Planning is key in negotiation. That doesn’t mean memorizing a predetermined script, but being ready to roll with the punches. The negotiators who worked to transform the hit Broadway musical Hamilton into a feature film learned that lesson at a couple of different points in the process. Their resourcefulness—and ability to stand by their principles—should inspire anyone negotiating during these uncertain times.
If you had to choose . . .
In June 2016, Hamilton’s leads—creator Lin-Manuel Miranda (in the role of Alexander Hamilton), Leslie Odom Jr. (Aaron Burr), Phillipa Soo (Elizabeth Schuyler), and others—were preparing to leave the show after a history-making run. The hip-hop story of America’s first treasury secretary had just won 11 Tony Awards, including Best Musical, and its productions in New York and elsewhere were selling out every night. Hoping to one day share the experience of watching the stellar cast perform with a general audience, the show’s producers made plans to film the theatrical version of the show for eventual release in movie theaters.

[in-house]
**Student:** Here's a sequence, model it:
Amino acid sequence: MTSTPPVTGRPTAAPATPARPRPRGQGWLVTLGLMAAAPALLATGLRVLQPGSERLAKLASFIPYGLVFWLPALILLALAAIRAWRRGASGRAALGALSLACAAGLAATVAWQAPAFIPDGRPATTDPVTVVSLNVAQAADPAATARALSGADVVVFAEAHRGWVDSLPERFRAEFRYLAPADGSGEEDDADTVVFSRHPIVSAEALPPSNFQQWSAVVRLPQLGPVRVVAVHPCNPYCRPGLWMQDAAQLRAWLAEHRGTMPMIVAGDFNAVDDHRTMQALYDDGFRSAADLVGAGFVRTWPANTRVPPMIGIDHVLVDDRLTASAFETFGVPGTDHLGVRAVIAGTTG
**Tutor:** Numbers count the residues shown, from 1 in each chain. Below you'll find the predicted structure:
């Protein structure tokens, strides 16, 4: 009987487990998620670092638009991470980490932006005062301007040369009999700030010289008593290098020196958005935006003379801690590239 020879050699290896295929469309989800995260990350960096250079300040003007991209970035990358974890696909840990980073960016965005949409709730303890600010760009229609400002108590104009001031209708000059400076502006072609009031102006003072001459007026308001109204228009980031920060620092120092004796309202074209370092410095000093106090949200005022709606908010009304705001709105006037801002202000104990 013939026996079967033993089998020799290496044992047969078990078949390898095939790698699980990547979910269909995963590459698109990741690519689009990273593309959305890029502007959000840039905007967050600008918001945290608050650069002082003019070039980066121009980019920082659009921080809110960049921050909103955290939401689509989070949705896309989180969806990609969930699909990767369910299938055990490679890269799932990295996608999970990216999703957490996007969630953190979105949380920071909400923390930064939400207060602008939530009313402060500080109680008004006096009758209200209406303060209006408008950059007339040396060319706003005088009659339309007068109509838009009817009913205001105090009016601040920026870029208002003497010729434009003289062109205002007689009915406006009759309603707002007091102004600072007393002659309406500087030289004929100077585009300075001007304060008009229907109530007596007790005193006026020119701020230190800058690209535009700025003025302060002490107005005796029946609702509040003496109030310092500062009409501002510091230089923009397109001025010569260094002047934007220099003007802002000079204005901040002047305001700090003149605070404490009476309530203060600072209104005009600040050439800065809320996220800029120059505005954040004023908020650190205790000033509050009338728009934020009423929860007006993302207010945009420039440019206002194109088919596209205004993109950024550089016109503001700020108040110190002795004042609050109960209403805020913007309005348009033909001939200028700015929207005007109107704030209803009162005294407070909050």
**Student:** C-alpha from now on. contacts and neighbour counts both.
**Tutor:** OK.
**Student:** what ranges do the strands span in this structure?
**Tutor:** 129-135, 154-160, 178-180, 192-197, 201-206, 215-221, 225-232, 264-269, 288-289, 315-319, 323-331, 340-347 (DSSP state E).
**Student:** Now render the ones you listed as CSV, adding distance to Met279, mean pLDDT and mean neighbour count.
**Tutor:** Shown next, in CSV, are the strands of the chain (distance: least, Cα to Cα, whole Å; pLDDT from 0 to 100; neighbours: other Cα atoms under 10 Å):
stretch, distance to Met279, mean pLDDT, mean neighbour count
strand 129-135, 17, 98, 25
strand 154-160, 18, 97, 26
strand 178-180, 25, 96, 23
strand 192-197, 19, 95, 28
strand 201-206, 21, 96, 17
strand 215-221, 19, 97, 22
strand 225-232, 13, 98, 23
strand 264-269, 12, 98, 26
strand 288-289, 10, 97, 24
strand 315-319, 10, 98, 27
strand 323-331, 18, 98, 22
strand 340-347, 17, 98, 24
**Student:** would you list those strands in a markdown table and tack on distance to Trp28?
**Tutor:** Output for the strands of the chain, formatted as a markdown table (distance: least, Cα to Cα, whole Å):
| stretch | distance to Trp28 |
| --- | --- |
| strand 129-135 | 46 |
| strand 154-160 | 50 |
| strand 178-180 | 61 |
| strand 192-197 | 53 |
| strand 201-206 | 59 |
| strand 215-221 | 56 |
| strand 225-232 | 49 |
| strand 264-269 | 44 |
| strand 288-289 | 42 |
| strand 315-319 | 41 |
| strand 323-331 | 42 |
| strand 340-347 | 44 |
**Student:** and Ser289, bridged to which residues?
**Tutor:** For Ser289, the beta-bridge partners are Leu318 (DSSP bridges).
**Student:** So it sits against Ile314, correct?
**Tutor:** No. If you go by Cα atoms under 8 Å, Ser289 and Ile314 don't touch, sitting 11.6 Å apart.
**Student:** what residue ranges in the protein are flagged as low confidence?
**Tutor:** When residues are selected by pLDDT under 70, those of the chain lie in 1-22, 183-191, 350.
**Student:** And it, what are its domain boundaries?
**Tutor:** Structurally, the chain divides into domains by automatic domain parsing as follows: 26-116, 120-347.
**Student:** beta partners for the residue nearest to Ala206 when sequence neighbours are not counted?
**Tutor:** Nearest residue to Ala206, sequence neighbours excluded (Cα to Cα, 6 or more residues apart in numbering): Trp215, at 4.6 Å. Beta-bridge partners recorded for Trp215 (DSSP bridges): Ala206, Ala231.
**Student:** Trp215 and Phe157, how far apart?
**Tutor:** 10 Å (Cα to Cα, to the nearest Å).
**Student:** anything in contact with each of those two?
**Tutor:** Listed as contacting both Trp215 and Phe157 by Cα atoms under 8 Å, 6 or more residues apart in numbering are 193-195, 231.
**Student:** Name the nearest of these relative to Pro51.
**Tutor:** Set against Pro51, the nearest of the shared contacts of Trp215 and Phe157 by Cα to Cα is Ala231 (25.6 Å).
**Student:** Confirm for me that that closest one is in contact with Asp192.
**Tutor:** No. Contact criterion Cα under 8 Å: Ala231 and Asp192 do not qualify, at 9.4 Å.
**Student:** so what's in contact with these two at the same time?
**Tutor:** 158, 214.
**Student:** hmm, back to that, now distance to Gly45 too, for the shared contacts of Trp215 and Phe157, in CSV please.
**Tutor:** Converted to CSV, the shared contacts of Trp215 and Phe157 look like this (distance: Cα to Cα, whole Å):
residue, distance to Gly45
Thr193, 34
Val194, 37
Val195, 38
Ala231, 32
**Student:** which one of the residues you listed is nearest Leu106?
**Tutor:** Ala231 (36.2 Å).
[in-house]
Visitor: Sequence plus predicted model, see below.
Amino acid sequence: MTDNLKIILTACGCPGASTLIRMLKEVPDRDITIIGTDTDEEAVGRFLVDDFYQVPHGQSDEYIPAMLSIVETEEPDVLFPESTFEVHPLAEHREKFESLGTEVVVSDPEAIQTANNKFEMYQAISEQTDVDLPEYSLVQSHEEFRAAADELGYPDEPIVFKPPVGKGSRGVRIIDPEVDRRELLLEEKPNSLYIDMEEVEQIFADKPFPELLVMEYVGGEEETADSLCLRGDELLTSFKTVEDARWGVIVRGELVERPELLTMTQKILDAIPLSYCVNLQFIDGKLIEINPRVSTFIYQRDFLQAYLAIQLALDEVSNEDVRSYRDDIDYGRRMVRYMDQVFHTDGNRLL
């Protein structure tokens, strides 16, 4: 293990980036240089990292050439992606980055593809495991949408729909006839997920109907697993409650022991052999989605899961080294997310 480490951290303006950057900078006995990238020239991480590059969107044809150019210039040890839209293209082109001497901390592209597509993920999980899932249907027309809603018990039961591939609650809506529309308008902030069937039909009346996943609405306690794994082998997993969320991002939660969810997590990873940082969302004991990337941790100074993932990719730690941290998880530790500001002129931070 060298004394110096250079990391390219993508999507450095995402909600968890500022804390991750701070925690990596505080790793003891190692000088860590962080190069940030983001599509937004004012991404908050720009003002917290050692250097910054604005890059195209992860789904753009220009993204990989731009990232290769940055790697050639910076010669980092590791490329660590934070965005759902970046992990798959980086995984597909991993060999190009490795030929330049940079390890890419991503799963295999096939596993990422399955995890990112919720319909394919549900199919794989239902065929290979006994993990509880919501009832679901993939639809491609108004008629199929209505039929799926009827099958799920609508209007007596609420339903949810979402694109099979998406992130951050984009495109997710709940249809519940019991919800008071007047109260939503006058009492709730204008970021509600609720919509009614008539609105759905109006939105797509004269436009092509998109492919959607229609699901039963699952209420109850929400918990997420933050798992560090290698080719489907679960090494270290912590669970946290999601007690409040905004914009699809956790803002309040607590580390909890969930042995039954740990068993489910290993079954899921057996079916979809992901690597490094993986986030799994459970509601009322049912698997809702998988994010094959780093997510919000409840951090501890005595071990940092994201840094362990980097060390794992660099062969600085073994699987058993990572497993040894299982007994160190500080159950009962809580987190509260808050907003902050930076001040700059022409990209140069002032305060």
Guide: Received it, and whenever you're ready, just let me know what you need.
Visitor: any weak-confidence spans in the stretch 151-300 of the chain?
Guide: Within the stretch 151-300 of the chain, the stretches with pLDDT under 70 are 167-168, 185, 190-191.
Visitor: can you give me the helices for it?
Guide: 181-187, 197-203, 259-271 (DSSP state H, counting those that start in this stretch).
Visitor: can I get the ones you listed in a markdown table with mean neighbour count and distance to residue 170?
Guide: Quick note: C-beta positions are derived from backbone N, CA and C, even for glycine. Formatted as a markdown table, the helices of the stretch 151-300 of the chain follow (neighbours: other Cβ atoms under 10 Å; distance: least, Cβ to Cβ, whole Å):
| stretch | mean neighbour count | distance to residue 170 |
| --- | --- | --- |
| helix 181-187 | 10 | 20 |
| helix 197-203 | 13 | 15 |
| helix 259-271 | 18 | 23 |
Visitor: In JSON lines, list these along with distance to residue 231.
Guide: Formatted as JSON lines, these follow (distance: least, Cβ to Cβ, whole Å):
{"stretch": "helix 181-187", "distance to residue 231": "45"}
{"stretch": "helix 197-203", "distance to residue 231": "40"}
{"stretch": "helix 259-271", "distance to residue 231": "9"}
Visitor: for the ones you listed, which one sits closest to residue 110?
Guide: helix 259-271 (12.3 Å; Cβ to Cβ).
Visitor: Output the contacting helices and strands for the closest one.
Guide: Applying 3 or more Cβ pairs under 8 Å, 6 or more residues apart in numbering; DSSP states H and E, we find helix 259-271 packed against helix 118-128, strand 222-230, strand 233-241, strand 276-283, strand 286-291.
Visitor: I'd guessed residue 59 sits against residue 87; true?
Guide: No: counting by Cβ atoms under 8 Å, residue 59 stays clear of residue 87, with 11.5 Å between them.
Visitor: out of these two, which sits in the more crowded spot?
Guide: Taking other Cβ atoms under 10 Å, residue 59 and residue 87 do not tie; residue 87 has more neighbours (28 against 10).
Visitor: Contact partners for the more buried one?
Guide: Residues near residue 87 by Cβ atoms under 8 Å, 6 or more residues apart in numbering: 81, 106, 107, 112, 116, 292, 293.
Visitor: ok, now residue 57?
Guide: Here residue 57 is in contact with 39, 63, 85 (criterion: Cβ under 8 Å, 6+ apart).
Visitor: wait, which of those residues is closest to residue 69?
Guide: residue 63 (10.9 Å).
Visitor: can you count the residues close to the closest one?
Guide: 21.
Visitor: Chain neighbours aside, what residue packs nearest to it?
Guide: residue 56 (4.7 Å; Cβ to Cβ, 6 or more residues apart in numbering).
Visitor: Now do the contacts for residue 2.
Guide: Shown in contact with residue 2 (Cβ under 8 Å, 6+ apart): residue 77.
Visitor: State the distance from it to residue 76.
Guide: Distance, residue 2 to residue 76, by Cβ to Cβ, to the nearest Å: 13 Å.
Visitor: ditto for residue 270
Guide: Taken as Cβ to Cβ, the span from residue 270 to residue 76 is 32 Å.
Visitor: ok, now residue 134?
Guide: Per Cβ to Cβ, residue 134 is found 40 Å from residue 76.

The plan was to shoot two live shows at the Richard Rodgers Theatre, Hamilton’s Broadway home, as well as close-ups without an audience, and then edit them into a seamless production. Every last detail of the so-called live capture was planned in advance, but one aspect of the project seemed to be an afterthought: cast salaries. Odom Jr. didn’t receive an offer until the day before the start of shooting, he recently recalled on actor Dax Shepard’s Armchair Expert podcast. What’s more, the offer was less than he’d expected.
Odom Jr. asked his talent agency, Creative Arts Agency, to quickly do some research: “What does my White counterpart . . . Aaron Tveit make to do Grease Live! on TV?” (Tveit played the role of Danny Zuko in the January 31 television special.) After finding out, Odom Jr. recalled, “I didn’t ask for one penny more, but I said, ‘You must pay me exactly what that White boy got to do Grease Live! That’s the bottom line.”
Odom Jr. stressed to Shepard that this was not an idle bluff: “I was not kidding. I was not coming to work the next day to do the movie . . . . Sometimes they look at you and go, ‘We’re just not paying it,’ and you have to go, ‘That’s OK.’”
But the idea of filming Hamilton without Odom Jr., who had just won the Best Actor Tony for his mesmerizing portrayal of Hamilton’s killer, was clearly inconceivable to Miranda and the show’s producers. They agreed to Odom Jr.’s price.